our everyday life

How Long Does it Take to Become a Graphic Artist?

by A. Low

Graphic artists, also called graphic designers, do a variety of creative work. A graphic artist had a hand in every website you see, advertisement you read and book you pick up. They work with computers and by hand to design visual elements that are aesthetically pleasing, tell a story or sell something. If you're dreaming of becoming a professional graphic artist, the amount of time it will take to start working in the field will depend on the kind of work you're seeking.

Education

Unlike an aspiring doctor or architect, there's not a particular amount of education you need before you begin working as a graphic artist. Although the Bureau of Labor Statistics reports that a Bachelor's degree (four years) is usually required for most professional graphic artist jobs, though an associate degree (two years) or even a substantial amount real-life work experience may suffice.

Requirements by Type of Work

The type of work you want to do will also determine how long it may take to become a professional. To work for a publisher, design company or corporation, you will probably need a four-year degree and some visceral work experience in the field. If you're already artistic and proficient at using programs like Adobe Creative Suite and Dreamweaver, you may be able to start working as a freelancer designer as soon as you want. According to the Bureau of Labor Statistics, about 29 percent of graphic artists are self-employed.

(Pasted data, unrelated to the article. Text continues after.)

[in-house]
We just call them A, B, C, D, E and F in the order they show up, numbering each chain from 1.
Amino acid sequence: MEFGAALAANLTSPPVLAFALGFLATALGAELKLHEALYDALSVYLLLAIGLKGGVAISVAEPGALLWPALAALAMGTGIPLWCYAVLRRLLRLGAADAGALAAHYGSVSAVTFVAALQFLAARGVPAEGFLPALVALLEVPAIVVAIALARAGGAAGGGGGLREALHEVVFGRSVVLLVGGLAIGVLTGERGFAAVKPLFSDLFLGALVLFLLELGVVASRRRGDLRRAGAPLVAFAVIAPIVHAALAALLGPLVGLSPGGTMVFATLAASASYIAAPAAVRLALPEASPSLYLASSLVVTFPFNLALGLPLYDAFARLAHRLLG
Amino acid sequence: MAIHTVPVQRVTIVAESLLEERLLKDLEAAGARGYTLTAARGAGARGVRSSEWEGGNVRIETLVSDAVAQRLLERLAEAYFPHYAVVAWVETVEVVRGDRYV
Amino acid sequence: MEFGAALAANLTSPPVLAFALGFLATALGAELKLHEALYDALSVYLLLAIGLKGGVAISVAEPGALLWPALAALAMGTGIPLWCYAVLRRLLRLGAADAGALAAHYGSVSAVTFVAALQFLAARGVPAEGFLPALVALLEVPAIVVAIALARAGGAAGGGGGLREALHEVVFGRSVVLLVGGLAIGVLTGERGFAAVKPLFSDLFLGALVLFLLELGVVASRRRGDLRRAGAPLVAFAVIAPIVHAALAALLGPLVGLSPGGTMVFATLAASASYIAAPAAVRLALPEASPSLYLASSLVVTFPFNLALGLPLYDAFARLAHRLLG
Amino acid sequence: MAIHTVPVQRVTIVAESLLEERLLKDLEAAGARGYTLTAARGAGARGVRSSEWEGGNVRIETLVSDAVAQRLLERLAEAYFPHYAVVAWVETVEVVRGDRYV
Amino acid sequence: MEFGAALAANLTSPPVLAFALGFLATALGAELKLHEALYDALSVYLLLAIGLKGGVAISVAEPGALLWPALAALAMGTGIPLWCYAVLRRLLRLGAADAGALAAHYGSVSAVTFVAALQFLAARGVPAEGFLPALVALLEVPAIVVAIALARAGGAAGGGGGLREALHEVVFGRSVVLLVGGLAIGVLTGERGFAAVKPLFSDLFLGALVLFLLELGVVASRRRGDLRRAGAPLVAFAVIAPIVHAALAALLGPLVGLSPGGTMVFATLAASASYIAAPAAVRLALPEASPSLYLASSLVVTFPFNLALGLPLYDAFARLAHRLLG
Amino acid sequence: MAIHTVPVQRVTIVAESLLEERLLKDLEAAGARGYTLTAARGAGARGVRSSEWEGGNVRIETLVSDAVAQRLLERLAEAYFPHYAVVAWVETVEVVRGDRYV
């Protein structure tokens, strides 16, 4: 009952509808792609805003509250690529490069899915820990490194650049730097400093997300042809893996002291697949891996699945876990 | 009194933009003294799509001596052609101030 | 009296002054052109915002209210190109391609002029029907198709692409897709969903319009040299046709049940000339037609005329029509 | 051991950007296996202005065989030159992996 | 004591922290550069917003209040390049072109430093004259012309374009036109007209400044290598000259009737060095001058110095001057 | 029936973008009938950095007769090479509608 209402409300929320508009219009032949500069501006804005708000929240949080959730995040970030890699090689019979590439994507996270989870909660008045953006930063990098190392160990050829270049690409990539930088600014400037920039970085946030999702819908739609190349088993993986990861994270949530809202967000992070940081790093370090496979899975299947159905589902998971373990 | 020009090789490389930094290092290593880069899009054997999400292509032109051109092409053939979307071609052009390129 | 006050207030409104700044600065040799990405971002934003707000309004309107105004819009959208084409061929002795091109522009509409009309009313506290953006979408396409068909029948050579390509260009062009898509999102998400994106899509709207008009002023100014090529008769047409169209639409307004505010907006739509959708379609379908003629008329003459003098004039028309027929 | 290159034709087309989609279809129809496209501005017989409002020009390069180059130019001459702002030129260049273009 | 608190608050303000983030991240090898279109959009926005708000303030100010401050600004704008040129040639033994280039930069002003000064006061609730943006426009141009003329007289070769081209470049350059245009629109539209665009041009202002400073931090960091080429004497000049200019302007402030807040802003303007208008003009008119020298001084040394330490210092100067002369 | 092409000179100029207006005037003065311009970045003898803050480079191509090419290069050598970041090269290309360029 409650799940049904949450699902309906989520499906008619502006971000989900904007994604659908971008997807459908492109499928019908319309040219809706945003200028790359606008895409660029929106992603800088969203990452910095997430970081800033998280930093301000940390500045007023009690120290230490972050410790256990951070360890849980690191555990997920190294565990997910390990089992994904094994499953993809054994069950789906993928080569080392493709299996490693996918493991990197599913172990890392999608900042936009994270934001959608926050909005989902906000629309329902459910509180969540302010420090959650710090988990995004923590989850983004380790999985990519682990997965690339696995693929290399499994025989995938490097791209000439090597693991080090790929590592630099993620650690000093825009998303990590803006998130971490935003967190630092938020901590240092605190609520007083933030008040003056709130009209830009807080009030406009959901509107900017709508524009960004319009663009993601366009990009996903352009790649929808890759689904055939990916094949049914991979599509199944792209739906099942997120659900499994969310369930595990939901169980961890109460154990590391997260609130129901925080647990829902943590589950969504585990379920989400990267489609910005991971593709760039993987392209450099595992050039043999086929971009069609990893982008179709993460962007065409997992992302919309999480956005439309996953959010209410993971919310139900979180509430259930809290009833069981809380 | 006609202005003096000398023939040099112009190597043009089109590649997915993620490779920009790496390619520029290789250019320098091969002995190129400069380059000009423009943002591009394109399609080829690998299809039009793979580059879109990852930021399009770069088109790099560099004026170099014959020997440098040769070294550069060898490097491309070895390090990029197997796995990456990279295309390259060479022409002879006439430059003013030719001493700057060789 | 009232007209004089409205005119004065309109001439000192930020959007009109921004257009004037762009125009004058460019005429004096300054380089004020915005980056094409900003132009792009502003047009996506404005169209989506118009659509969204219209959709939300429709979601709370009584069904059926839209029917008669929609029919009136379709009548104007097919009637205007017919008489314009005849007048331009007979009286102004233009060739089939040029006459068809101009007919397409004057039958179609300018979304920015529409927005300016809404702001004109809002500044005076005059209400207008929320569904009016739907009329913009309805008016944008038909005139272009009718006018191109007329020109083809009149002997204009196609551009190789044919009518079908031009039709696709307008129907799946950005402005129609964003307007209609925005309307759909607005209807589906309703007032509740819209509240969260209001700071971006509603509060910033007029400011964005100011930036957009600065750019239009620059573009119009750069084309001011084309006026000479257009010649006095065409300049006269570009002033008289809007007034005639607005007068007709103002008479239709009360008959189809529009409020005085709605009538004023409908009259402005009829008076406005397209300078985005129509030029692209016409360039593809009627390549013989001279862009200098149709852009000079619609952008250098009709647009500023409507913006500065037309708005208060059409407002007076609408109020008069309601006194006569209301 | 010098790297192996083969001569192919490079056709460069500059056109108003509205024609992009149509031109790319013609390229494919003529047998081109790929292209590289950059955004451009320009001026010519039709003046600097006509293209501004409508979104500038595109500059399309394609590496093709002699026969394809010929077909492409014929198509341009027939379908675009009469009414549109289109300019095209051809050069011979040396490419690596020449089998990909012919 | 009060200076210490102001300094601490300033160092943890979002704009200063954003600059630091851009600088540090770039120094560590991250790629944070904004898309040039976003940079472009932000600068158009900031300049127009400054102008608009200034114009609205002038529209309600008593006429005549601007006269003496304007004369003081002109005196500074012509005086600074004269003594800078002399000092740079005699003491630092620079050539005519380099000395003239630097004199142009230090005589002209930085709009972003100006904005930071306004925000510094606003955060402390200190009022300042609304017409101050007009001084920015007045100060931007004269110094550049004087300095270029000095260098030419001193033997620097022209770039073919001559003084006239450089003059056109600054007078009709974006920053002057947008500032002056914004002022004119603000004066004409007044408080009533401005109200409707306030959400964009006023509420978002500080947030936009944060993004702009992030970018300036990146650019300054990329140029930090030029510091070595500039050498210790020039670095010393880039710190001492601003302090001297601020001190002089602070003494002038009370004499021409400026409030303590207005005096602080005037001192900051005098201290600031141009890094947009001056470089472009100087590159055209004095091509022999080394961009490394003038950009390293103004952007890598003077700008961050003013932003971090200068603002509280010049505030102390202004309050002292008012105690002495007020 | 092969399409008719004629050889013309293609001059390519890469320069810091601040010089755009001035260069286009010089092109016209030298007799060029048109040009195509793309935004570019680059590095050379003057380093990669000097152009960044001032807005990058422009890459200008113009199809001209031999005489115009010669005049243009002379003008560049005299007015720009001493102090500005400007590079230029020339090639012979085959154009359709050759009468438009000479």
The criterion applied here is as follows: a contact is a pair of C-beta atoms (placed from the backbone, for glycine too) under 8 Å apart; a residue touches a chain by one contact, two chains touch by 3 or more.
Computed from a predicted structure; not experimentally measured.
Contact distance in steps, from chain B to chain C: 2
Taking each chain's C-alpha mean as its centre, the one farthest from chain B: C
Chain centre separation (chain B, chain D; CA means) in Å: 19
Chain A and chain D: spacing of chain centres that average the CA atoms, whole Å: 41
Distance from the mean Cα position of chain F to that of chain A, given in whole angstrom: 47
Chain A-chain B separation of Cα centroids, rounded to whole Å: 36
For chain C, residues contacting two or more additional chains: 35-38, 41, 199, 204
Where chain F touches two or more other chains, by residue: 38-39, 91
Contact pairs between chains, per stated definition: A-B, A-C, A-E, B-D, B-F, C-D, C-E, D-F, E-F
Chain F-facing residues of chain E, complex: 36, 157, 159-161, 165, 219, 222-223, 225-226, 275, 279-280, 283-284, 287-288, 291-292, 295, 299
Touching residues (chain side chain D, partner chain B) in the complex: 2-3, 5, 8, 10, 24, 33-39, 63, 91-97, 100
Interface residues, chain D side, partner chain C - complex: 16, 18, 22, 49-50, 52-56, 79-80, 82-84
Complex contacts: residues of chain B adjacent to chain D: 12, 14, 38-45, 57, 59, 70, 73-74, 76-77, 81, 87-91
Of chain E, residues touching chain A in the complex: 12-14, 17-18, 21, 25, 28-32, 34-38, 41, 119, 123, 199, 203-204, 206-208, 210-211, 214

Building a Portfolio

Whether you're taking the freelance route or working for an established company, there's one investment of time that you won't forego: your portfolio. In fact, a potential employer or client is much more likely to hire you based on a quality portfolio than an impressive education. According to Westwood College, you should choose projects that show off your personal style, but also those that demonstrate creativity and diversity. Have a few hard DVD copies of your portfolio on hand, but also provide access to an online portfolio through your professional website (this is especially important if you're seeking clients on a freelance basis).

Internships and Advancement

If you're a student, it may be helpful to pursue an internship while you're working on your degree. Art internships will provide you with experience working to meet the needs of a real client, and it will build your portfolio. If you wait until after graduation to do an internship, this may increase the time it will take to become a professional by one or two years. Once you've landed a job as a graphic artist, according to the Bureau of Labor Statistics, it can take one to three more years of experience to start advancing in your field.

Photo Credits

  • Visage/Stockbyte/Getty Images